Mistreatment of animals can, in today’s era of heightened consumer awareness, quickly become a liability for a business.
And that doubles if the animal is one that many consider cute.
Earlier this week, Walmart (WMT) – Get the report from Walmart Inc. has become the latest retailer to drop a popular line of Thai coconut milk after concerns raised by People for the Ethical Treatments of Animals (PETA).
Chaokoh, like USA Today reported for the first timehas become the target of an animal rights group after allegations that its production process relies on the labor exploitation of monkeys.
Why are so many people upset with Chaokoh Coconut Milk?
“The coconut trade uses social monkeys like chained coconut-picking machines, depriving them of any opportunity to eat, play or spend time with their families,” the executive vice president said. of PETA, Tracy Reiman, in a press release.
“With one PETA briefing after another confirming cruelty on coconut farms, retailers are dropping Chaokoh left and right. Kudos to Walmart for their kind decision.”
PETA began drawing attention to this issue in 2019.
After visiting several of the Thai farms where the milk was produced, PETA released videos of monkeys being trained to grab coconuts based on orders from workers.
As the videos were shared and attention to PETA’s claims grew, a number of retailers began pulling Chaokoh products from their shelves.
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While the company was once a major supplier of coconut milk and coconut water in North America, more than 45,000 large and small retailers cut ties with it after the PETA investigation.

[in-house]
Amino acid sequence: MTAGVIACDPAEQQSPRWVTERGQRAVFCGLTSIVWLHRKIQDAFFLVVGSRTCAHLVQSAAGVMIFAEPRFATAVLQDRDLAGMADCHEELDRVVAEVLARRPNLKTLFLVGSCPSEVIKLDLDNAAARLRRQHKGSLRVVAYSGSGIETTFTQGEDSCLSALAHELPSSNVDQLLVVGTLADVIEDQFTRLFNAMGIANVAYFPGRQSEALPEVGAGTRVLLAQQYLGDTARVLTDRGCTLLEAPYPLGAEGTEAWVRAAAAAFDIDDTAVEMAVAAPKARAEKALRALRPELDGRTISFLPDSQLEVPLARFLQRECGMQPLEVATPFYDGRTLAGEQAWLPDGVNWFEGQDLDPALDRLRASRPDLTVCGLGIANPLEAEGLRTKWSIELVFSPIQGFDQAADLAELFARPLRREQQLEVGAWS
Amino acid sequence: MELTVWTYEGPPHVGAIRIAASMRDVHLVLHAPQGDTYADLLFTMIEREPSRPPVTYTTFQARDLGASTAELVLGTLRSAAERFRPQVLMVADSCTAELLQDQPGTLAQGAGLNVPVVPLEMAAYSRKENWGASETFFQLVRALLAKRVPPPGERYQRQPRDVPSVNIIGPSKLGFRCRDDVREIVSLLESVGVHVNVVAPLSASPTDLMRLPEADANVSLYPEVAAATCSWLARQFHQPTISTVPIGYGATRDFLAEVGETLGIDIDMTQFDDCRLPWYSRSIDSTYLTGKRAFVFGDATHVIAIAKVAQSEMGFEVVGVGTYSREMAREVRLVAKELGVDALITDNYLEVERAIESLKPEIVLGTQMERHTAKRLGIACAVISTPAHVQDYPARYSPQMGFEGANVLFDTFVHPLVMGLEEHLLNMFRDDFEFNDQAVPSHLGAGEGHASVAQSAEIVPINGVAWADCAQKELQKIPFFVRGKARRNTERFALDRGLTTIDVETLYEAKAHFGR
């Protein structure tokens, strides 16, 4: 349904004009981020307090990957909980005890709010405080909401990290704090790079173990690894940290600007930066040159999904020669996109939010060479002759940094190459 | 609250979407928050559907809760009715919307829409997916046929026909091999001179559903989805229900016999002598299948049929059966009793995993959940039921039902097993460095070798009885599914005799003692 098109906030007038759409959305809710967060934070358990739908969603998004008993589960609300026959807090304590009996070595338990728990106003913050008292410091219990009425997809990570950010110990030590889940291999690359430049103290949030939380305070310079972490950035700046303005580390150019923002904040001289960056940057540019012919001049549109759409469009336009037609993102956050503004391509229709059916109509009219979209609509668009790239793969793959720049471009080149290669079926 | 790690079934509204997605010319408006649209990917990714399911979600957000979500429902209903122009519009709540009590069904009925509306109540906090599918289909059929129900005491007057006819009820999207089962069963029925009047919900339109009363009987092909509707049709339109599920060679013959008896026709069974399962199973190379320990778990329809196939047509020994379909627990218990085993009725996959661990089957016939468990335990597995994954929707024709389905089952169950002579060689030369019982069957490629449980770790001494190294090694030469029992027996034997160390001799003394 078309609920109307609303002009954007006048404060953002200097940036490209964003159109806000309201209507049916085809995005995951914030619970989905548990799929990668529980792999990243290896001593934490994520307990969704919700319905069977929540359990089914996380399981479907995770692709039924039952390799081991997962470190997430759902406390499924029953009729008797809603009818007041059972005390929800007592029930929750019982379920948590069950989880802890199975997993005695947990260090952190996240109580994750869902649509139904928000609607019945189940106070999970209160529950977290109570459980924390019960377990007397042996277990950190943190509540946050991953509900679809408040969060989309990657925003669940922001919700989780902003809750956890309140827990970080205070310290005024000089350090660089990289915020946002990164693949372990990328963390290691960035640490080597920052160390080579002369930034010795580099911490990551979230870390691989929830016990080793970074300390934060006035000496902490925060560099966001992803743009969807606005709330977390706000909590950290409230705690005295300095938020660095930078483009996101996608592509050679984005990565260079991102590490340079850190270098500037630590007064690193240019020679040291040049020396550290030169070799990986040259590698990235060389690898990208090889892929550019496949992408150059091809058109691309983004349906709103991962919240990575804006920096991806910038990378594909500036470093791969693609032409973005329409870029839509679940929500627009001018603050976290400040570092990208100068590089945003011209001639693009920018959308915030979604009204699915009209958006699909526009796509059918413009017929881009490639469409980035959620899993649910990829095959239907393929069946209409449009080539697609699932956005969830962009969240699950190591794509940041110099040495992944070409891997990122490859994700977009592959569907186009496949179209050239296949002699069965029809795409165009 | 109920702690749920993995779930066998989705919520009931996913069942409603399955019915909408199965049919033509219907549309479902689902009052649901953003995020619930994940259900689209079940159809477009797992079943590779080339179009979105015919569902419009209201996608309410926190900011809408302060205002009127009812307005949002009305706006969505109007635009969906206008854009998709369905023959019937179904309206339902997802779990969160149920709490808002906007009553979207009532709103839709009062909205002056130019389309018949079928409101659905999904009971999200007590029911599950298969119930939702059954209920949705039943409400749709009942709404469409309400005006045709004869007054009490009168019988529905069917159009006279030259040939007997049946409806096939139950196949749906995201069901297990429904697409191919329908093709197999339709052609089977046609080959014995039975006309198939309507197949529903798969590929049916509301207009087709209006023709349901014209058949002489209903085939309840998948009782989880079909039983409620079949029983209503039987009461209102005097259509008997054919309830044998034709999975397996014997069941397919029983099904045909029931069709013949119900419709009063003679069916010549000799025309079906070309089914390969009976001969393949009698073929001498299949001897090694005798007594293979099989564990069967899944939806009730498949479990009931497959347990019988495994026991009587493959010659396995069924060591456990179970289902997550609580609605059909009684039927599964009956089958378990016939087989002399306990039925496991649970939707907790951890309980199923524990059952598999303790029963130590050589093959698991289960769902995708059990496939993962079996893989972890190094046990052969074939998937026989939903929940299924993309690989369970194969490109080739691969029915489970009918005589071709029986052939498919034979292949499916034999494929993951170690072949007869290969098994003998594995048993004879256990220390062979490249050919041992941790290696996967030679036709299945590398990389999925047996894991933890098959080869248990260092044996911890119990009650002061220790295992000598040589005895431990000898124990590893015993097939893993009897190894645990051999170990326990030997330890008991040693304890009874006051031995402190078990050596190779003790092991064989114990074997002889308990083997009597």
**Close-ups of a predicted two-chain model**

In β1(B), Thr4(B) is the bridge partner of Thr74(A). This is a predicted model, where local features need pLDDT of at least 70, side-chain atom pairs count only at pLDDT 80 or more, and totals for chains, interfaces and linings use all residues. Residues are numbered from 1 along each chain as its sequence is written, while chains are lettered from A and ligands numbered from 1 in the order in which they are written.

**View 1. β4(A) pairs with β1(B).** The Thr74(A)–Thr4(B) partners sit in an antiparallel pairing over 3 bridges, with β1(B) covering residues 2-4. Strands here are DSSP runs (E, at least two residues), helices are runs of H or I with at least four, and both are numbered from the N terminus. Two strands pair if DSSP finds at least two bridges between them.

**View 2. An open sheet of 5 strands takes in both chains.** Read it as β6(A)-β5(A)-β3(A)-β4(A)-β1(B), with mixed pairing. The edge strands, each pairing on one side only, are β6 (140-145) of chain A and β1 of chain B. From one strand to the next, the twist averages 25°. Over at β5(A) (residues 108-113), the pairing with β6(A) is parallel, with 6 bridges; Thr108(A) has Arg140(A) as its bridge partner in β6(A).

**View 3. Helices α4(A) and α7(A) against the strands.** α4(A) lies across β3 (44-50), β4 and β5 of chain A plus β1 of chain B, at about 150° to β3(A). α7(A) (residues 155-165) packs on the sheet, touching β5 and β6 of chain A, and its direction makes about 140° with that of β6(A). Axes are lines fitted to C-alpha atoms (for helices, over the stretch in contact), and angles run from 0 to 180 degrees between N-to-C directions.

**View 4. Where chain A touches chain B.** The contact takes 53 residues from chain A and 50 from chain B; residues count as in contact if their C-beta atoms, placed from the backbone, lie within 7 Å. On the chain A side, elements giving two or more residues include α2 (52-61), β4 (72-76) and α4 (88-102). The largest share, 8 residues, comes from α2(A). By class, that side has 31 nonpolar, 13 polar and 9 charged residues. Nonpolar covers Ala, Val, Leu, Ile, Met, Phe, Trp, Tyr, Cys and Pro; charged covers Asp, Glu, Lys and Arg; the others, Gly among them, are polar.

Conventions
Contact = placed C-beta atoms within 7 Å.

As of June 7, Walmart is one of the last major retailers to stop selling Chaokoh coconut milk.
According to PETA, Walmart has received more than 86,000 letters urging it to do so in recent months.
Chaokoh products are still available on Amazon (AMZN) – Get the report from Amazon.com Inc. at a cost of $20 for six 13.5-ounce cans.
Bad animal practices can be bad for business
In 2020, a company under contract with Theppadungporn Coconut Co. investigated Chaokoh’s practices.
This claims that after visiting 64 of his 817 farms, he found no monkeys used for picking coconuts.
PETA, in turn, claimed this was “misleading and inadequate.”
“Even though many retailers around the world have stopped buying Thai coconut products, the Thai coconut industry, including Chaokoh and the Thai Food Processors Association, and the Thai Ambassador in the United States are all actively trying to mislead retailers and global consumers about the continued use of monkey work,” PETA wrote on his site.
While the presence of the videos is one of the main reasons why the outcry has been particularly strong for Chaokoh, this type of pressure on producers to maintain certain standards of work and animal treatment has been going on for some time. time.
According to a study by the consulting firm Kearney, one in three American consumers now consider the environmental impact of every product they choose to buy at the grocery store.
The same goes for most other issues – labor, animal treatment and overall sustainability.
“There is significant momentum in the United States and abroad for companies to provide sustainability information that is reliable, consistent, and comparable,” wrote a group of Harvard researchers in a report. recent report to the rise of the sustainable consumer.